The report was a result of a series of inspections of psychiatric institutions conducted by the Human Rights Defender in 2017. Inspectors discovered a number of violations, including patients being tied up and beaten.
They found that a number of institutions used drugs to restrain patients that were not sanctioned by the law. In most psychiatric institutions, inspectors said there were no separate rooms in which patients were restrained and so the process of restraining patients was done in front of the other patients.
The report also noted that expired drugs were discovered in the hospital pharmacies and in intervention rooms at the Nubarashen, Gyumri, Lori, and Vardenis psychiatric clinics. It said that there were no proper records of the drugs kept in the clinics.
In some cases, inspectors found that patients bought medicines from nearby pharmacies without supervision.
Dr Samvel Khudoyan, head of the department of applied psychology at the Armenian State Pedagogical University, insists that the practices adopted in Armenian psychiatric institutions are ‘not bad’.
Khudoyan has attended seminars abroad and visited psychiatric centres in order to compare the methods used in Armenian psychiatric hospitals with those used in other countries. ‘We follow the European experience; the best practices are adopted’, he says.
‘The problem is that these [practices] are violated from time to time. The condition of the hospital building is also very important, as even the walls can have an impact on a patient. We have a hospital where the walls remind one of a penal colony and the patient [therefore] has the impression that they are imprisoned’, says Khudoyan.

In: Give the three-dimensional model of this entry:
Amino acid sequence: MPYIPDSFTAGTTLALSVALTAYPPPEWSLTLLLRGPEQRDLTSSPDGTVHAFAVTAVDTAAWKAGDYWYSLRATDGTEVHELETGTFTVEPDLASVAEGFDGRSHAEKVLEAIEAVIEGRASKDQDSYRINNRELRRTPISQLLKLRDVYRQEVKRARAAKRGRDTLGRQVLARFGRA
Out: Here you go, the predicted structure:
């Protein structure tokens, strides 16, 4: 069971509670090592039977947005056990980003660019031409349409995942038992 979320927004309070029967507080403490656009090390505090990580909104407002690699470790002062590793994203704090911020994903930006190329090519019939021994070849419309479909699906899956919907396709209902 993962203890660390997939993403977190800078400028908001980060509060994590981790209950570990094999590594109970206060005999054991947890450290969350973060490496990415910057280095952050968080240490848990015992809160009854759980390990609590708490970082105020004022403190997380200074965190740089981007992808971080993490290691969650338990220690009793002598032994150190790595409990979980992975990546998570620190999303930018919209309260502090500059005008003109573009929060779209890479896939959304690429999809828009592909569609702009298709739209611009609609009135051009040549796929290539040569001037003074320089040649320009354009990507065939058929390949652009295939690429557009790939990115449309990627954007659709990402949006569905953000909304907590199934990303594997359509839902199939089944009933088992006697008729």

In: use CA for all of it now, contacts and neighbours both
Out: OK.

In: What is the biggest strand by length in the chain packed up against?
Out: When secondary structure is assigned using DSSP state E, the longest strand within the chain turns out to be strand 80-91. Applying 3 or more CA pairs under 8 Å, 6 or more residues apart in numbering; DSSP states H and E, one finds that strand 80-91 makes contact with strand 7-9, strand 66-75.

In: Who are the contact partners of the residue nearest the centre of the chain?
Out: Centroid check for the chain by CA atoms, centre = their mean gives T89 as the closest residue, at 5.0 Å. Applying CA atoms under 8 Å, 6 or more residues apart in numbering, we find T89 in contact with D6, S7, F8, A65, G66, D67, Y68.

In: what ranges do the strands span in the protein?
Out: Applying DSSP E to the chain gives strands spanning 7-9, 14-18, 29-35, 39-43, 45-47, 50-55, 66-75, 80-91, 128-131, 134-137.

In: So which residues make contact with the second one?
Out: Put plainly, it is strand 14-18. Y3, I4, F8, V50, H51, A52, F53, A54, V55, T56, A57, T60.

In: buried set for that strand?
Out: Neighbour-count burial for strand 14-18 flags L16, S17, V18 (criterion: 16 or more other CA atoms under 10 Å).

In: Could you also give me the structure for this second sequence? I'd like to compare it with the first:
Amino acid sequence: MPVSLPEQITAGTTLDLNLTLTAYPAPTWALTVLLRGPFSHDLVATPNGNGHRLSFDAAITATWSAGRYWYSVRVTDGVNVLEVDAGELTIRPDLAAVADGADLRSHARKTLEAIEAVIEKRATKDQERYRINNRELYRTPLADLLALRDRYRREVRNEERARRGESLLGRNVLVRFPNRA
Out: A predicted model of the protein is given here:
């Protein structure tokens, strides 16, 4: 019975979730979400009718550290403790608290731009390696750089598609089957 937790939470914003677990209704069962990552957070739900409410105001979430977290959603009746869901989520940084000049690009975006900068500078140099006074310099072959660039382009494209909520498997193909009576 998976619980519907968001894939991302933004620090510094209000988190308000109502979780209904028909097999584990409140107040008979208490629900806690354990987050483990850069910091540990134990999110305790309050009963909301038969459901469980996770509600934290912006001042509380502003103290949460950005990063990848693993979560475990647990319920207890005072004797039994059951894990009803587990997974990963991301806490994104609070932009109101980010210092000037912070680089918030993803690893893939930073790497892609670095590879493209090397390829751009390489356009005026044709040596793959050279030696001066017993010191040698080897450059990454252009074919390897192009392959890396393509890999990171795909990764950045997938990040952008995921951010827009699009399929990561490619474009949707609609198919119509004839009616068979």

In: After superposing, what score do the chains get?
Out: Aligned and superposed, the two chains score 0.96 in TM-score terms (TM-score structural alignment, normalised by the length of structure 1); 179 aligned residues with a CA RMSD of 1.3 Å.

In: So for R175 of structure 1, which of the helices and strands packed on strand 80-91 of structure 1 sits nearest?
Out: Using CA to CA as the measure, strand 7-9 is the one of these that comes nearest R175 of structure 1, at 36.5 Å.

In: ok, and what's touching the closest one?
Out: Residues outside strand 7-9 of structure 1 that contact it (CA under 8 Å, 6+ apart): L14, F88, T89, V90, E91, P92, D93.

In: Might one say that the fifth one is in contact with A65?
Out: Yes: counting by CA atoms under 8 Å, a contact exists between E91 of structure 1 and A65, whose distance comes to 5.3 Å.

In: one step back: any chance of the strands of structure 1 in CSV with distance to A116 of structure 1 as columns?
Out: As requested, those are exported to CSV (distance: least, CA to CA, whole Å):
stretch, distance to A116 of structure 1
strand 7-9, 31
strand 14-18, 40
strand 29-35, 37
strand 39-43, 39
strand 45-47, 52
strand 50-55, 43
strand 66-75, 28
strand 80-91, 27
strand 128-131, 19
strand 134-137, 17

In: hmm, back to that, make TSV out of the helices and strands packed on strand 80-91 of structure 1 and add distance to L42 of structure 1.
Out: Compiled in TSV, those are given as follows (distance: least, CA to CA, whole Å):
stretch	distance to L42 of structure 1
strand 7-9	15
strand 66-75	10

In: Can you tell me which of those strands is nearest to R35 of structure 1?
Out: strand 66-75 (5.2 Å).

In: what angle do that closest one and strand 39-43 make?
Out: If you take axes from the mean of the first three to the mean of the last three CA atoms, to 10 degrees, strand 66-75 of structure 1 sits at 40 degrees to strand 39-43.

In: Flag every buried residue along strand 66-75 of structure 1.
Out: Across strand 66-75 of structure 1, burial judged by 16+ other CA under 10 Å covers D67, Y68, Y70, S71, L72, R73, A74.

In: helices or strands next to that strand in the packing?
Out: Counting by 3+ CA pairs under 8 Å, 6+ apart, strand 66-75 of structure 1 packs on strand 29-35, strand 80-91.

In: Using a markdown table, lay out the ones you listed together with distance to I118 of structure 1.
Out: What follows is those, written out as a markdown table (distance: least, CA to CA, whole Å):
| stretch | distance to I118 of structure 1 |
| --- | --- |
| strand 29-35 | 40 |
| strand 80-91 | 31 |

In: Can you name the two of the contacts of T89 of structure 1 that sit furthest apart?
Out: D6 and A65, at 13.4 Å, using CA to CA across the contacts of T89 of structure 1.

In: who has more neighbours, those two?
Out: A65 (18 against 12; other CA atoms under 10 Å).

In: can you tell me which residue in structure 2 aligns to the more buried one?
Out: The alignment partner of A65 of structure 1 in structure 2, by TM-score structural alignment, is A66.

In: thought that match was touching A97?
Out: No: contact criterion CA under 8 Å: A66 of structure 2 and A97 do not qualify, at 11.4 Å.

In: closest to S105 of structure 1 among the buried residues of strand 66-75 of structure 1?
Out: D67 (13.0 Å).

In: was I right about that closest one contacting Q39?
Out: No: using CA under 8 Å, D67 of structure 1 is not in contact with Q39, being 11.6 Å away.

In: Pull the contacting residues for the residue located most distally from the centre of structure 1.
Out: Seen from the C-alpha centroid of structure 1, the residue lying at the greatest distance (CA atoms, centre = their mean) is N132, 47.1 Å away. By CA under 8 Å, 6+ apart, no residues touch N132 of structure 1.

‘There are no beatings’
The director of the Gyumri Mental Health Centre, Nadya Vardanyan, agrees with Khudoyan. She says that they are trying to do the best they can with limited financial means.
‘Our building was not originally designed as a psychiatric hospital, that’s why there are some inconveniences: the rooms are small, the beds must be put side by side, but we never limit the freedom of our patients. They can come out of the building and go for a walk [in the hospital grounds]’, says Vardanyan.
The Gyumri Mental Health Centre was one of the institutions that came under fire in the Human Rights Defender’s report.
The report noted that the centre was overcrowded, that patients were only able to bathe every 10 days, that there was a lack of tables and chairs in the dining rooms, and that there were no phones.
‘I agree with some of the points’, says Vardanyan, responding to the report. ‘Yes, some time ago the building was overcrowded; we had more than 60 patients. But it is wrong to say, for example, that we don’t have proper furniture in the dining room.’
There are currently 42 patients at the Gyumri Mental Health Centre. The report also said that leather belts were used to physically restrain patients in the Gyumri centre and that patients were beaten.
‘We don’t use straitjackets’, says Vardanyan. ‘If we consider a patient to be out of control, we try to calm them down using medication. And there are no beatings.’
The report also said that an expired medication was found in the hospital. According to Vardanyan, however, their budget is so small that they could not afford to buy enough medication that a single pill would last long enough to expire.
In response to the Human Rights Defender’s extraordinary public report on psychiatric hospitals, the Ministry of Health ordered that repair works be carried out in a number of psychiatric institutions.
Beds, household goods, furniture, linen, hygiene products, along with proper physical restraints were purchased as well as other necessary supplies. A number of draft laws have also been developed related to the methods of psychiatric care employed and to services for people with recognised disorders, as well as cooperation with other organisations to help improve the situation.